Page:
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Old 12-08-2013, 06:53 PM   #11
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Yes from when I had my old tank. When I brought this new tank second hand, the guy gave me lots of things to grow my own. Maybe do this in the future. First I'd just like to keep the ones I get alive!!!

Have you got any advice ??
If you're not using co2 you should stick to simple low light plants. Anubias, Java fern, Java moss, Crypts. Stuff like that. Otherwise your plants will probably wilt and die on you.
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Old 12-08-2013, 07:25 PM   #12
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Cheers. Thank you for this. I have masses of info spinning round in my mind! Let's hope some of it makes sense
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Old 12-08-2013, 08:33 PM   #13
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Cheers. Thank you for this. I have masses of info spinning round in my mind! Let's hope some of it makes sense
By the way where did you get the wood for your tank? I would not recommend collecting "wild" wood. Buy mopani, manzanita, or malaysian drift wood from your pet store.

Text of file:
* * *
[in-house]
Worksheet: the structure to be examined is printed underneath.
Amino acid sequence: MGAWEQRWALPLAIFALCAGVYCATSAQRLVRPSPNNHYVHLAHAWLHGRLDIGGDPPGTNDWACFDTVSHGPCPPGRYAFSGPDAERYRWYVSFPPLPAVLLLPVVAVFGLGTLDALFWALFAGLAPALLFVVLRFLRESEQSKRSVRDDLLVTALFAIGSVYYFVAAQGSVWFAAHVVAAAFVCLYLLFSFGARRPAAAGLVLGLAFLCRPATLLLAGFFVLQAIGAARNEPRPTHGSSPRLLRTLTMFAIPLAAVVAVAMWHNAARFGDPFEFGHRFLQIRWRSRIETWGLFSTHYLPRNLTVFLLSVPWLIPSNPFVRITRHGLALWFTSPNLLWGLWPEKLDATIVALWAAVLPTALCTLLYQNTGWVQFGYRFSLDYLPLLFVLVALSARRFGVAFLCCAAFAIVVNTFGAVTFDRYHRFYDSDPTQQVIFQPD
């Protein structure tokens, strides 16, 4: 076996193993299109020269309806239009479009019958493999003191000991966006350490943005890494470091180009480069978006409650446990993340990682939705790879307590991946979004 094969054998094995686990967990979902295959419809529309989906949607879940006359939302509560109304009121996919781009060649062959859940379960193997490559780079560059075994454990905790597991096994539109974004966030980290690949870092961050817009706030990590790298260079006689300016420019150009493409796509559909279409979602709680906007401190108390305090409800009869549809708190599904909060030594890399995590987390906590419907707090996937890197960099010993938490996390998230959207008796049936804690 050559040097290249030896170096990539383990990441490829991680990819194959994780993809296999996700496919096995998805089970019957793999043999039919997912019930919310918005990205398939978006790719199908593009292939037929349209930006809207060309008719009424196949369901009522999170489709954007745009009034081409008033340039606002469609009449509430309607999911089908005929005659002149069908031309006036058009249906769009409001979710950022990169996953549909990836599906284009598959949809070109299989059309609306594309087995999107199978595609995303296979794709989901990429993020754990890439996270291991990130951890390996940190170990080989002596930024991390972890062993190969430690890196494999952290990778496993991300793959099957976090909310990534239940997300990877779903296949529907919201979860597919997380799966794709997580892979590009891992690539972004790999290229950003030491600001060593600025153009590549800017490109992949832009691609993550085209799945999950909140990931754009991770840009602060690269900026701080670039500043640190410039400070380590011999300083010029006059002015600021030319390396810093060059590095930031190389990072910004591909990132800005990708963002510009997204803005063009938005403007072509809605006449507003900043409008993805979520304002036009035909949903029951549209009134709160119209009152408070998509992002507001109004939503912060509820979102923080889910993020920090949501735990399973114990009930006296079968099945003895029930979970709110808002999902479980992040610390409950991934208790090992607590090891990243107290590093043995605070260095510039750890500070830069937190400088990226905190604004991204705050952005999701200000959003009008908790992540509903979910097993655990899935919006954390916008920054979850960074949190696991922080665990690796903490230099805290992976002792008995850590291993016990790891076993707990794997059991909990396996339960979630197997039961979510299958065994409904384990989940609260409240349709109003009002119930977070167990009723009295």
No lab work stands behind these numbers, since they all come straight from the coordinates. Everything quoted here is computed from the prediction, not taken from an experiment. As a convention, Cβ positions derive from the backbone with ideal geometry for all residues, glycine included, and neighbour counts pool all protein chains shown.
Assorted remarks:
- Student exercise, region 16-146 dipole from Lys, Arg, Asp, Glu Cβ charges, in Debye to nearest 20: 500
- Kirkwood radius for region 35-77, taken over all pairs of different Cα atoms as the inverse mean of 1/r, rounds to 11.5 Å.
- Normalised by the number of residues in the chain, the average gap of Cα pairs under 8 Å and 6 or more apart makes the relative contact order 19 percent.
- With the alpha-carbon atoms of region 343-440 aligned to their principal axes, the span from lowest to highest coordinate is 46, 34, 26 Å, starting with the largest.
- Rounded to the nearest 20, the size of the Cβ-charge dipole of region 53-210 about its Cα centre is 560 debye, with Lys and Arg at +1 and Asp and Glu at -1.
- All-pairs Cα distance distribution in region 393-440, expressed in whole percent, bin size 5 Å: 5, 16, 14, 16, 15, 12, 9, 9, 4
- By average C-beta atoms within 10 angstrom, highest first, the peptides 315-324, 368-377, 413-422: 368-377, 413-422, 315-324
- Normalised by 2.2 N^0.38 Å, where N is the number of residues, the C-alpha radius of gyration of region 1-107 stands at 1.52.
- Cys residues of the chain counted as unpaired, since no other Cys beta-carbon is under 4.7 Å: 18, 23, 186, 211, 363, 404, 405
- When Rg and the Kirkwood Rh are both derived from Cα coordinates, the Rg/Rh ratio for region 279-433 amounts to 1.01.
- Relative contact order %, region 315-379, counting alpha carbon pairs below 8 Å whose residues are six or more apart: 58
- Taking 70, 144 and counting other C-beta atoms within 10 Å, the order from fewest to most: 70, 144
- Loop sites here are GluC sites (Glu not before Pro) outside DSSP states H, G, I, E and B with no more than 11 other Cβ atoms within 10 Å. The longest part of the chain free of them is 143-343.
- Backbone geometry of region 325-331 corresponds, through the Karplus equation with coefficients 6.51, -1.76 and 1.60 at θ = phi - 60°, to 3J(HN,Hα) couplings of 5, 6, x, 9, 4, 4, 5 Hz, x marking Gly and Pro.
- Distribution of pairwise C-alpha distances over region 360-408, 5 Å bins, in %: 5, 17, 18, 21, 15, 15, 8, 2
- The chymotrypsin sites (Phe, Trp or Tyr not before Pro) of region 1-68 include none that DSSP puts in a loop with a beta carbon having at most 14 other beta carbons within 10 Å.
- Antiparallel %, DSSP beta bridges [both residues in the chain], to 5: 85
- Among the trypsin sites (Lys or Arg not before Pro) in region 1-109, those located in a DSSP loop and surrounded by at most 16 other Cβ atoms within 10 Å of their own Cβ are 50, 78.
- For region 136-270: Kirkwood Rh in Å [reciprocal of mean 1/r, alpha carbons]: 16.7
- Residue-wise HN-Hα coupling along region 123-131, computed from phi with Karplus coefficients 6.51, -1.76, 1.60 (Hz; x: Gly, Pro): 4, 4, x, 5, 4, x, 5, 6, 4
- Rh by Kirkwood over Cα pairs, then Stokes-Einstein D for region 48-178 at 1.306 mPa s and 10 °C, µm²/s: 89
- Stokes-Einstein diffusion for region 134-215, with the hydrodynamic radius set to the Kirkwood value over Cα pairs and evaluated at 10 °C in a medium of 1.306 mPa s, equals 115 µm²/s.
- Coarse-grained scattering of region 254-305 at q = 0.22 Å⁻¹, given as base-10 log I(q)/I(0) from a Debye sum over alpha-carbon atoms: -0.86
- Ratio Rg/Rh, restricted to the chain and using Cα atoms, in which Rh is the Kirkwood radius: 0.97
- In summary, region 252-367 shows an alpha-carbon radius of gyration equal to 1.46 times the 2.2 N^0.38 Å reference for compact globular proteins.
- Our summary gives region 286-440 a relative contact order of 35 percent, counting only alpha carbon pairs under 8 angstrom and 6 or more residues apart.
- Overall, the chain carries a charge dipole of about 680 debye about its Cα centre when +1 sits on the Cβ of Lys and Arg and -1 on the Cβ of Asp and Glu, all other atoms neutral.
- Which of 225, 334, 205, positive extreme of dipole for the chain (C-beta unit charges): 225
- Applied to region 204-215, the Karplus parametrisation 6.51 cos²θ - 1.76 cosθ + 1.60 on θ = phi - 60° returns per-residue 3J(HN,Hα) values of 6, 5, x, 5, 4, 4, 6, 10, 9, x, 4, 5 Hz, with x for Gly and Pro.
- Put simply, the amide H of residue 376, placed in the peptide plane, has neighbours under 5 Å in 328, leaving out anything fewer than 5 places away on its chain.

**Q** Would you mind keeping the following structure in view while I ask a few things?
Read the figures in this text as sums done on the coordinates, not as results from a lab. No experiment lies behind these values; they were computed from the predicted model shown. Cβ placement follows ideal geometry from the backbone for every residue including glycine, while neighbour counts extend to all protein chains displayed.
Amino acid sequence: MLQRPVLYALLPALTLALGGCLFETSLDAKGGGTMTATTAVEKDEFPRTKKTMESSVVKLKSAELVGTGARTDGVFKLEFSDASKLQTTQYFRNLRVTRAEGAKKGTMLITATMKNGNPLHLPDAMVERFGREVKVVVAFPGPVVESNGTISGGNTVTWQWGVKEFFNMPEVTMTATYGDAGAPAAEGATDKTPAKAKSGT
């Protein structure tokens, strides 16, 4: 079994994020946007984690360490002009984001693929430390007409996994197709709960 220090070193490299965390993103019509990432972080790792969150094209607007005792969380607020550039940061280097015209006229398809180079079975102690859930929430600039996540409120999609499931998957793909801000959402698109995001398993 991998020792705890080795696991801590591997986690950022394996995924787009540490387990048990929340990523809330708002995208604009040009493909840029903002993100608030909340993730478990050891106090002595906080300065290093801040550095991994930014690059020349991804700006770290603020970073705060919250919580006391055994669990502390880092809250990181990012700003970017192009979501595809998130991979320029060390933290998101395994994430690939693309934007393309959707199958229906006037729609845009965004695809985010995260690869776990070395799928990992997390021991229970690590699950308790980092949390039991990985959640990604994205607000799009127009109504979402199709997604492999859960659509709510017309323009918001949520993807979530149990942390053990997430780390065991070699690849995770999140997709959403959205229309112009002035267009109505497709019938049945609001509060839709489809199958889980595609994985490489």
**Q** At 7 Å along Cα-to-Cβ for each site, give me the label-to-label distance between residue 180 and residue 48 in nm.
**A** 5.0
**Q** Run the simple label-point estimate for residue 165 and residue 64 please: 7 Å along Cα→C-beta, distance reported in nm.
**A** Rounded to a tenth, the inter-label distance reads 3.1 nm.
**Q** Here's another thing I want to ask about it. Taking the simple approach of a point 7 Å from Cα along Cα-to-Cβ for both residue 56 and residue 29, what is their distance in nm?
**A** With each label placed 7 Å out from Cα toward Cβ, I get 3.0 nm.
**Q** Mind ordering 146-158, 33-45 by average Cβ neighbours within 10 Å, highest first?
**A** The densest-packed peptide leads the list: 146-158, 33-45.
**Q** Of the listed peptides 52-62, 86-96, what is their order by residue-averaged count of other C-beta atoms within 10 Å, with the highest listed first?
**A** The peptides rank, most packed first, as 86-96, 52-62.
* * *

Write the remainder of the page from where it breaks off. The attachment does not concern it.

It's all very straightforward . No need to get confused.

1. Set tank up (apply background, put stand together, put tank on stand, rinse gravel/sand and pour in, add water, dechlorinate water, install filter and heater. Wait a little while for heater to adjust to water temperature, then turn filter and heater on. Decorate aquarium. Install plants.

2. Cycle aquarium. Either use ammonia from a bottle or just get some cycled biomedia from somebody else (another forum user who lives nearby, a friend, the fish store) and put it in your filter. Getting cycled media from another tank and putting it in your tank is the easiest way to kickstart a new tank. This way you'll be able to add fish right away whereas if you added ammonia from a bottle it could take a month.

3. Once your tank is cycled, start to add fish

4. Feed fish (not too much)

5. Do an (at least) weekly water change. Vaccuum waste off of the sand/gravel. Dechlorinate new water and add to the tank

You'll need a master test kit. Most people use the API freshwater master test kit. You'll want to monitor your ammonia/nitrite/nitrate.
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Old 12-09-2013, 02:10 AM   #14
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I am new and in the middle of my cycle its best to do a fishless cycle. its less stress on the fish and once its cycled you can add all your fish at once with a fish cycle you have to add a couple here and there and can take forever to properly cycle your tank
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Old 12-09-2013, 02:26 AM   #15
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Here is how I am doing my fishless cycle. I got some media from local guy to help it go faster.